The Department of Folklore and Ethnomusicology (FOLK) offers a major that includes the study of performance, specific cultures and regions, human diversity and worldview, and research methods. Folklore and ethnomusicology emphasize fieldwork methods to learn how societies function. Fieldwork involves documenting and learning about people's lives, expressions, and beliefs in context. Through the study of different social groups and cultures, students gain skills in observation, analysis, documentation, reporting, and multicultural understanding. The study of folklore and ethnomusicology taps capacities we possess as human beings and develops the qualities we need to be informed and responsible people.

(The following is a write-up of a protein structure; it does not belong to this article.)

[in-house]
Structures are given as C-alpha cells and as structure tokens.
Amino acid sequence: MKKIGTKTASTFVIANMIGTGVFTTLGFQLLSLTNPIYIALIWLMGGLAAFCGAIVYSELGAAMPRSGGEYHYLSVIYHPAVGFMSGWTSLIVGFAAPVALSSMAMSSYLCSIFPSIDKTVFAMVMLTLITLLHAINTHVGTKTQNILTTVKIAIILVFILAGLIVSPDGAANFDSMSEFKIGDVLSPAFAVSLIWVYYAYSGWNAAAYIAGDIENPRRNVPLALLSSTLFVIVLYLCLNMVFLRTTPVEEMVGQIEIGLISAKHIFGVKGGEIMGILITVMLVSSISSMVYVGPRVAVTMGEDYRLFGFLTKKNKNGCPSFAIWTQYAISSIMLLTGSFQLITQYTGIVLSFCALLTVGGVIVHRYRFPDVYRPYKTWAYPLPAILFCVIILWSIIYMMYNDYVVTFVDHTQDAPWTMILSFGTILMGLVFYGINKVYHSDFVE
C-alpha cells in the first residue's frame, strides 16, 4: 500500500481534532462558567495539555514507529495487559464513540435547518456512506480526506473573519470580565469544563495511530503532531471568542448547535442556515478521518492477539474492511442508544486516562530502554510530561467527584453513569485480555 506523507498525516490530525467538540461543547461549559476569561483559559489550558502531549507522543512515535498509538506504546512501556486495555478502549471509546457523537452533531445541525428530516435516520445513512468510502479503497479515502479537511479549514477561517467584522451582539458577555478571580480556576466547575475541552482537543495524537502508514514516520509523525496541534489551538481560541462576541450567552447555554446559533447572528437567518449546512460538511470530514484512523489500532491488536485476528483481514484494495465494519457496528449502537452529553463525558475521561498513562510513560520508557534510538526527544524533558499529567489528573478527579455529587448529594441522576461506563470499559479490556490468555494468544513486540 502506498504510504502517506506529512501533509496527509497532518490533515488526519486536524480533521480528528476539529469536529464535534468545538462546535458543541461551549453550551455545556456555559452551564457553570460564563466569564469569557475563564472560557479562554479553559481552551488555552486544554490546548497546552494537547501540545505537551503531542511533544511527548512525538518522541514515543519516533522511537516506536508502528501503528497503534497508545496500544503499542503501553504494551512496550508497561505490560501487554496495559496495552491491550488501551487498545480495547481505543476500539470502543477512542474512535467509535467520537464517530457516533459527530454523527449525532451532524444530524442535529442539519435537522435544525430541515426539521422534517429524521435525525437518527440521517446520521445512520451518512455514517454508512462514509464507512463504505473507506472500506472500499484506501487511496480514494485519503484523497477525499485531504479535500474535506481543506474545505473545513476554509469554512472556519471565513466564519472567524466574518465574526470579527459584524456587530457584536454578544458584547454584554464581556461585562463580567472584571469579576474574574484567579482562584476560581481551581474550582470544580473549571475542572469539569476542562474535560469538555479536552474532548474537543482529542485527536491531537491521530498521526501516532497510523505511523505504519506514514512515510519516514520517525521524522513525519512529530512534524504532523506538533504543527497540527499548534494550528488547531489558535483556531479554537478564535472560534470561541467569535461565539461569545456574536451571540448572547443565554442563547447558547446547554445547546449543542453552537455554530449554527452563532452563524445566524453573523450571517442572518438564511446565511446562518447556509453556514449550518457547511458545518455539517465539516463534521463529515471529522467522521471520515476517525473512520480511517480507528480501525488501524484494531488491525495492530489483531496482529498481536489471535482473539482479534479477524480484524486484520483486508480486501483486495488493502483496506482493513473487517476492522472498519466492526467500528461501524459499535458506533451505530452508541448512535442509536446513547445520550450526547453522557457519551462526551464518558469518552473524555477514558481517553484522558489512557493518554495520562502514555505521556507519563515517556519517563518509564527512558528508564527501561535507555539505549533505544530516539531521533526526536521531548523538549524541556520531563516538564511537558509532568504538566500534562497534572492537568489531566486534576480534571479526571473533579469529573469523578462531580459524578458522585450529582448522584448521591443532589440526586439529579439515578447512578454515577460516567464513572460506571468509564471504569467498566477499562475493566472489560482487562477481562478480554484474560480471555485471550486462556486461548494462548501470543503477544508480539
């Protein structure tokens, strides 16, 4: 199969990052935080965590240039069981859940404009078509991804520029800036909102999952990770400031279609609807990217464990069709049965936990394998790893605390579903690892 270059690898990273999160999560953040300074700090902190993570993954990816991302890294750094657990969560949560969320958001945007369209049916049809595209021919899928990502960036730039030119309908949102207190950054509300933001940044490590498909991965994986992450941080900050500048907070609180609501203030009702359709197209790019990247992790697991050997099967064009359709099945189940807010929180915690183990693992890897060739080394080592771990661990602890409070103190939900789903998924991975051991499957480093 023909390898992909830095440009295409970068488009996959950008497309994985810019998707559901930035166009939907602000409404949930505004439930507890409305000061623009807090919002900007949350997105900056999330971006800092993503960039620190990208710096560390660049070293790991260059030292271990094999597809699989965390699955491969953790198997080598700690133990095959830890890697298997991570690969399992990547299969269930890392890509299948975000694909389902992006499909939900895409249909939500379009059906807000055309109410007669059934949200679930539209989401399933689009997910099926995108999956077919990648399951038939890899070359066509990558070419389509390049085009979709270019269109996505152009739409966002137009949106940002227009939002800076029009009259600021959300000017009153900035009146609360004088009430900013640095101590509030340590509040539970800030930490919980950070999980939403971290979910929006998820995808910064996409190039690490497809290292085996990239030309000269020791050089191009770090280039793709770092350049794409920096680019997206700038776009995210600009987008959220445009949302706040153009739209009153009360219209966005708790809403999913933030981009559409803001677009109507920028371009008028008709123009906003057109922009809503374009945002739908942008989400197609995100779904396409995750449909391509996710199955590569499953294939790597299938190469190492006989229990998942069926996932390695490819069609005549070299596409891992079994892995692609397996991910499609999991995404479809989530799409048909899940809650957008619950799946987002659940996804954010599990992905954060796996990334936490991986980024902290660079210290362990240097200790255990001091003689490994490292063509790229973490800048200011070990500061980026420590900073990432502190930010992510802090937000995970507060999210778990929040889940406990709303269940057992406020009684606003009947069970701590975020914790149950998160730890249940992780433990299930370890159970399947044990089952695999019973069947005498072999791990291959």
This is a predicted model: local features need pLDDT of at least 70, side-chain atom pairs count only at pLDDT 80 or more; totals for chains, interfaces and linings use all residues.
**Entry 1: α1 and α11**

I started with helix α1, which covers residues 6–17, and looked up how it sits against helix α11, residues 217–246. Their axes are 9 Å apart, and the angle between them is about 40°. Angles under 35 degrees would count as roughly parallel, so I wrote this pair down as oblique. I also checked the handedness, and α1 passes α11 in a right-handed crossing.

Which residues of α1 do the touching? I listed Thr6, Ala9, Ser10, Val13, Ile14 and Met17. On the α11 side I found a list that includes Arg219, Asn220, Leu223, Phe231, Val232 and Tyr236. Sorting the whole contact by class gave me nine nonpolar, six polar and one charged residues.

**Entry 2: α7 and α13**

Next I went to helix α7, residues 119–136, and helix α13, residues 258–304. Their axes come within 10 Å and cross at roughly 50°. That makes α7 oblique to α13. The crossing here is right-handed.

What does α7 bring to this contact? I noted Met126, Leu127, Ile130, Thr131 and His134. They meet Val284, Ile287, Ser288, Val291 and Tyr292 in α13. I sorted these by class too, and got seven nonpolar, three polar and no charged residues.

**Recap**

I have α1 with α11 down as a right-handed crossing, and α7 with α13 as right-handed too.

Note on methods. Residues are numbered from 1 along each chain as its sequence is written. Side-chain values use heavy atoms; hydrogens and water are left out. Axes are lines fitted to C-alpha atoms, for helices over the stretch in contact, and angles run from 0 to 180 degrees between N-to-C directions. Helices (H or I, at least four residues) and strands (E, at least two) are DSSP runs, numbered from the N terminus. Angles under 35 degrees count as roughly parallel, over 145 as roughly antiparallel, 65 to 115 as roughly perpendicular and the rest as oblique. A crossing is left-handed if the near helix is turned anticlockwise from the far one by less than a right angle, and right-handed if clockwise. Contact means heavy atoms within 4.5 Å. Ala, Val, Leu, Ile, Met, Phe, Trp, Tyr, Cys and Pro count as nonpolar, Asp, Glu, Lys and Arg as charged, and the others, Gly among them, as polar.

"Folk" can refer to any group of people—from any economic, religious, generational, or ethnic background—who share a common interest. As a form of communication, folklore is created when people interact with one another. "Lore" represents the knowledge and artistry of a group in forms such as stories and jokes, art, architecture, music, dance, custom, belief, ritual, and festival. Folklore interprets, diffuses, or incites pressure points in modern society. Ethnomusicology is the study of music of all types and from all cultures. Ethnomusicologists not only listen to the sounds of music within particular cultures and events but also inquire into people's ideas and beliefs about music. Ethnomusicology explores the role of music in human life, analyzes relationships between music and culture, and studies music cross-culturally.